Just for the record, in 1991 Johnson PCC and dbx/adb were perfectly viable alternatives to GCC and GDB. Not nearly *as* good, mind you, but plenty good enough for the work that needed to be done. Technically, Johnson PCC was probably never "open source", but it was also tiny and simple, and would have been easy to replace with an open source equivalent. Somebody would have, too, if GCC hadn't been handed to them for free.
I was building commercial products using these tools as late as the late 1980s.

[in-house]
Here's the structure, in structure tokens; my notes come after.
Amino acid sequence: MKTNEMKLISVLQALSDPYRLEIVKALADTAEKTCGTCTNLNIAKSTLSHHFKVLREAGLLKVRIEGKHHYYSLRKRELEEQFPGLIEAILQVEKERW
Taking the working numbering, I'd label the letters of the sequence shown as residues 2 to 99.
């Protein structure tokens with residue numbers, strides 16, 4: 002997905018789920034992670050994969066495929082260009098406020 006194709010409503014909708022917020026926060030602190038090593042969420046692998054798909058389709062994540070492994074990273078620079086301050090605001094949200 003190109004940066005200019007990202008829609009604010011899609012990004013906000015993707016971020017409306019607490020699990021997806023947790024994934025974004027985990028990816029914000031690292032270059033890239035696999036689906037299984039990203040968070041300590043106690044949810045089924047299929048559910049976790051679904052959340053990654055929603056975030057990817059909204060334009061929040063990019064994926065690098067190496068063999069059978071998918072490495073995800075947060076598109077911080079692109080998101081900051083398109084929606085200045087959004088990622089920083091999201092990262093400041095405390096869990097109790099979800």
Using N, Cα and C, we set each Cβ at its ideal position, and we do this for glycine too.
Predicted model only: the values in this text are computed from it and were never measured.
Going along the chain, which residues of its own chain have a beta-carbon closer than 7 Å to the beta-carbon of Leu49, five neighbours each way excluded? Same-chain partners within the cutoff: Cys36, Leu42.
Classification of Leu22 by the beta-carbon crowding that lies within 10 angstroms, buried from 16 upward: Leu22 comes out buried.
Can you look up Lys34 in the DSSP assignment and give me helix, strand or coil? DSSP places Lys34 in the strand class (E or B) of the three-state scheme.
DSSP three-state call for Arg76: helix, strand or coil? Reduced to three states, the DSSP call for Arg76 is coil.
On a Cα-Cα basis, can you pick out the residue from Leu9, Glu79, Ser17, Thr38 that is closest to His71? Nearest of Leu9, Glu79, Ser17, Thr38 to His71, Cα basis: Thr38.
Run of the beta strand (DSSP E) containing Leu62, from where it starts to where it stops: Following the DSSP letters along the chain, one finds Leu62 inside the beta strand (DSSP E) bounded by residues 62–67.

The big break for GCC actually came with the advent of C++. Up until GNU C++, the only available C++ implementation was AT&T's fairly horrific CFRONT preprocessor. Not sure I'm thanking the GNU folks for making this language viable, and at any rate it was never really used for fundamental infrastructure.
What did you think BSD used for tools before RMS helped them out, anyhow?